Families file suit over Wilcox Tech geometry class staffing

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MERIDEN — A Wallingford town councilor is suing the administration of H.C. Wilcox Technical High School, alleging the rights of his daughter and other students to an adequate education have been violated when the students started the first two months of this school year without a certified math teacher instructing their geometry class. 

Wallingford Town Councilor Jason Zandri and his wife Renata Zandri, were joined by one other family, Todd and Suzanne Herbst of Meriden, in filing a civil complaint in New Haven Superior Court against their children’s school and its administration last week. That complaint was supplemented by a motion for a temporary injunction, which was posted to the state’s judicial website on Monday.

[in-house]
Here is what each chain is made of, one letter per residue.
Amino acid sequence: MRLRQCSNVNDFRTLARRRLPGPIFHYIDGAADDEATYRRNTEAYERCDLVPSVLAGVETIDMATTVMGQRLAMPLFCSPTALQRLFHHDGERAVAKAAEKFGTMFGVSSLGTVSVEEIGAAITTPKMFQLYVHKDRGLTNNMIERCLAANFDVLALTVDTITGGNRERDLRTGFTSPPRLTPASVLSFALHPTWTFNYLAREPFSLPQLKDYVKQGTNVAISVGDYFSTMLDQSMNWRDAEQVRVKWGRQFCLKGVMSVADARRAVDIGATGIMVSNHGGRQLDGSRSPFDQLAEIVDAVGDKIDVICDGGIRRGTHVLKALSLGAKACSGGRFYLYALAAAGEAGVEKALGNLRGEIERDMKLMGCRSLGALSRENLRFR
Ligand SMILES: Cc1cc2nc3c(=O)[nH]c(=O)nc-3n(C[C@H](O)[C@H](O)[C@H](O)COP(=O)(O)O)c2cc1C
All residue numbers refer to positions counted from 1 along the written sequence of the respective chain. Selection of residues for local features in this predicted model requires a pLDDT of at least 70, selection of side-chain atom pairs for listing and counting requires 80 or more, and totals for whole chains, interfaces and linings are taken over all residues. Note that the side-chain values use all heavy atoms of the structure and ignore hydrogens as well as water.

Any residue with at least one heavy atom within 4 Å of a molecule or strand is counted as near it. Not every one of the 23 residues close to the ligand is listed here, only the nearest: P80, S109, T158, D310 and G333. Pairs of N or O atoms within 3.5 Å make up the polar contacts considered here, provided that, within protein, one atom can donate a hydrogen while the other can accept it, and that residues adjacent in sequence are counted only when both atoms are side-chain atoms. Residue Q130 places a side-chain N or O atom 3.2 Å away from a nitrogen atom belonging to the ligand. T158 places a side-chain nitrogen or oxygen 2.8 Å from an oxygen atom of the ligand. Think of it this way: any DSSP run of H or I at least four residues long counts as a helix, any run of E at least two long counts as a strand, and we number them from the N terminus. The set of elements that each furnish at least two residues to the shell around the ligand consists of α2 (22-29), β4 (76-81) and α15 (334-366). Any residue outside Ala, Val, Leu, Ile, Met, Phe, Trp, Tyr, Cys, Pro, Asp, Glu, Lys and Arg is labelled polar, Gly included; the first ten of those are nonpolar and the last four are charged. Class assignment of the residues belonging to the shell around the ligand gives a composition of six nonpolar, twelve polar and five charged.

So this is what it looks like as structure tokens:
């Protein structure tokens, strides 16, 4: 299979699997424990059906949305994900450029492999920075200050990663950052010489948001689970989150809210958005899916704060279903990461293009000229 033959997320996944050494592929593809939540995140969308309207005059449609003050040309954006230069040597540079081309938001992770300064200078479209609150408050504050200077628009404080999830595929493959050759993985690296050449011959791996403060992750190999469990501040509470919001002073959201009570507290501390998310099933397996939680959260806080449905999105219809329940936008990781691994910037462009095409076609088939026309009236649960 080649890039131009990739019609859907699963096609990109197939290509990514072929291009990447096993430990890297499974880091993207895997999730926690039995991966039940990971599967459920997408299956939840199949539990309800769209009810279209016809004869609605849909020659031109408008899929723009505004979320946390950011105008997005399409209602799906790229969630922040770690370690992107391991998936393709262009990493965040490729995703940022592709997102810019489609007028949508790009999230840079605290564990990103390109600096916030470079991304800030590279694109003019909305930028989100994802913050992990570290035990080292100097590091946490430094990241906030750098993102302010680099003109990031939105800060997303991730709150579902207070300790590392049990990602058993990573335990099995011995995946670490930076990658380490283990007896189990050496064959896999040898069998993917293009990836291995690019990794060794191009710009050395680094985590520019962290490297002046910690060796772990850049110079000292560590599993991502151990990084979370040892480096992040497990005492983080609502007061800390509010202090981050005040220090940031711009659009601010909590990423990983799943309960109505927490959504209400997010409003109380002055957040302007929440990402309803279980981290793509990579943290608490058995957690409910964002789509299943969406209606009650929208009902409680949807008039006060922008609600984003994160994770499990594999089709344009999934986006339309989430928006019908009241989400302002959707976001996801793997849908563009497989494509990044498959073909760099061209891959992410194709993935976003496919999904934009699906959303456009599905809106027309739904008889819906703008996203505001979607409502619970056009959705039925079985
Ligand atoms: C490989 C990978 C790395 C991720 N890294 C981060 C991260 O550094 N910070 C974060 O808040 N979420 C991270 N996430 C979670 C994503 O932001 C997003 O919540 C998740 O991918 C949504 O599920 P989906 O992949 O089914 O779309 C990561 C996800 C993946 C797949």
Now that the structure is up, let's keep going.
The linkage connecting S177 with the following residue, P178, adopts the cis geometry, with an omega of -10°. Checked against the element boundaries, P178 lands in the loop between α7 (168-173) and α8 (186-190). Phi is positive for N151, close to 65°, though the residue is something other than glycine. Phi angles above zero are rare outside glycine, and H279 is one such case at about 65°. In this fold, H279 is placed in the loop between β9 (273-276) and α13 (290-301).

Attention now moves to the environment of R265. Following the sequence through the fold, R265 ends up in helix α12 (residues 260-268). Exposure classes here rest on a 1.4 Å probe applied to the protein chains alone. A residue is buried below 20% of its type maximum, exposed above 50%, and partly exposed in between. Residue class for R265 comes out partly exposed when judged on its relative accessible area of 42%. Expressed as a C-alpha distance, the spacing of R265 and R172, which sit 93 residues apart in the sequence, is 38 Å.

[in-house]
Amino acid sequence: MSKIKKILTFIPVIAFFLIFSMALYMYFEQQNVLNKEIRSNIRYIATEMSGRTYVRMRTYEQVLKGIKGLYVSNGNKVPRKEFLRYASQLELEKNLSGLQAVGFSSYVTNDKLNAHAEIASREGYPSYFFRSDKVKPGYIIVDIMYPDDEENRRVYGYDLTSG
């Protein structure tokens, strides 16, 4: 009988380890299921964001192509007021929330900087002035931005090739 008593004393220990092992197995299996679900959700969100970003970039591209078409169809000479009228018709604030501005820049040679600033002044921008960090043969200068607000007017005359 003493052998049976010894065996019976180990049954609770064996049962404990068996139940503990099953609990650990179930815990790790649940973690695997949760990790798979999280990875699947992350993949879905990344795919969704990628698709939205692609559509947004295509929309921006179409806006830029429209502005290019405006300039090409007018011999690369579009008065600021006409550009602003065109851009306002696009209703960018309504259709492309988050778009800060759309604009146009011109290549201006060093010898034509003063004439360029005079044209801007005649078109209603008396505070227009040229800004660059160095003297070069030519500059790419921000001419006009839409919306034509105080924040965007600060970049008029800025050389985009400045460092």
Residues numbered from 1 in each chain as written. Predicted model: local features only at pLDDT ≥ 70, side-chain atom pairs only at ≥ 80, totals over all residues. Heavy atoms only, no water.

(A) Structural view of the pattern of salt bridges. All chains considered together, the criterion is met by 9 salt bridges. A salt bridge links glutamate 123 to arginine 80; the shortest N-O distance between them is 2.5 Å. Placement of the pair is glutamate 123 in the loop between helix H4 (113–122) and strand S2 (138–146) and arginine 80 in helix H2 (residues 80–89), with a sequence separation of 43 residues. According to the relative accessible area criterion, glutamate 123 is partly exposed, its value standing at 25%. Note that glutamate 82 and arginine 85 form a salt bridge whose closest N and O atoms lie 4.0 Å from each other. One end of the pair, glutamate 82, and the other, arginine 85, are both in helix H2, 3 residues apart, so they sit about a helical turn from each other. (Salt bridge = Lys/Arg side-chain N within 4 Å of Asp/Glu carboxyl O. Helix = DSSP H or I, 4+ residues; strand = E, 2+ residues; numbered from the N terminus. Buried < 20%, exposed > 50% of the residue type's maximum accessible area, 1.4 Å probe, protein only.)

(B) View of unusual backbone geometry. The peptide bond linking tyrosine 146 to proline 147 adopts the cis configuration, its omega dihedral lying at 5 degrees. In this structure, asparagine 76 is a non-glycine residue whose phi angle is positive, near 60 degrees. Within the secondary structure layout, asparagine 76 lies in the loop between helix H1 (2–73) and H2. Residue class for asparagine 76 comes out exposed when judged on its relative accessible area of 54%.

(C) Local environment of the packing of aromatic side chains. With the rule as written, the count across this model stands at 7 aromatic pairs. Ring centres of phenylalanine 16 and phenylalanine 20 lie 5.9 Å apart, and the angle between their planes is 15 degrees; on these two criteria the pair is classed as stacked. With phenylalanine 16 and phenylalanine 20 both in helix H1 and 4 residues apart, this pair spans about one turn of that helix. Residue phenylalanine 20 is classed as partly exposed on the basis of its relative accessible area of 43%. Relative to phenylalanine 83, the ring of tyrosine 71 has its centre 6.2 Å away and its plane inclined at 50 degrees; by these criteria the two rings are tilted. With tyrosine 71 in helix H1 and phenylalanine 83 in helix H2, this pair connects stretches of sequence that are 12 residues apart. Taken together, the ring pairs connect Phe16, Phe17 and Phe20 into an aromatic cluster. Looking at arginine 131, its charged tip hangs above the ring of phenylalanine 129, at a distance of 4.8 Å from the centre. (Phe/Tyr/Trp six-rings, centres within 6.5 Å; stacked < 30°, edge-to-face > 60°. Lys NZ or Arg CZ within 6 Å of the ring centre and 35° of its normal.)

In legal filings, the plaintiffs, represented by Harwinton-based attorney Cameron L. Atkinson, stated that when their children, Angela Zandri and Hunter Herbst and their classmates arrived at their geometry classroom on Aug. 30, they were informed their class did not have a permanent math teacher. They had been assigned a substitute teacher instead. 

“The substitute teacher assigned to teach Zandri and Herbst’s class can scarcely be called that. The extent of her classroom activities amounted to simply sitting in the classroom, making sure the Room B211 students physically behaved themselves, and acting as a proctor for their graded geometry assignments,” the latest legal filing stated. It added that the substitute supervising the classroom neither provided instruction, nor assistance to students who were struggling with the geometry concepts they were supposed to be learning. 

“Based on this behavior, both Zandri and Herbst concluded that she was not qualified or trained to instruct 11th grade high school students in geometry and that other math teachers at Wilcox Tech were programming their assignments, which were then computer graded,” the motion stated. 

The students struggled to complete their assignments on time, and subsequently received failing grades, the complaint and motion stated. Legal filings stated they were not the only students who were struggling. The plaintiffs estimated between 80 to 100 students in 11th grade at Wilcox experienced similar difficulties.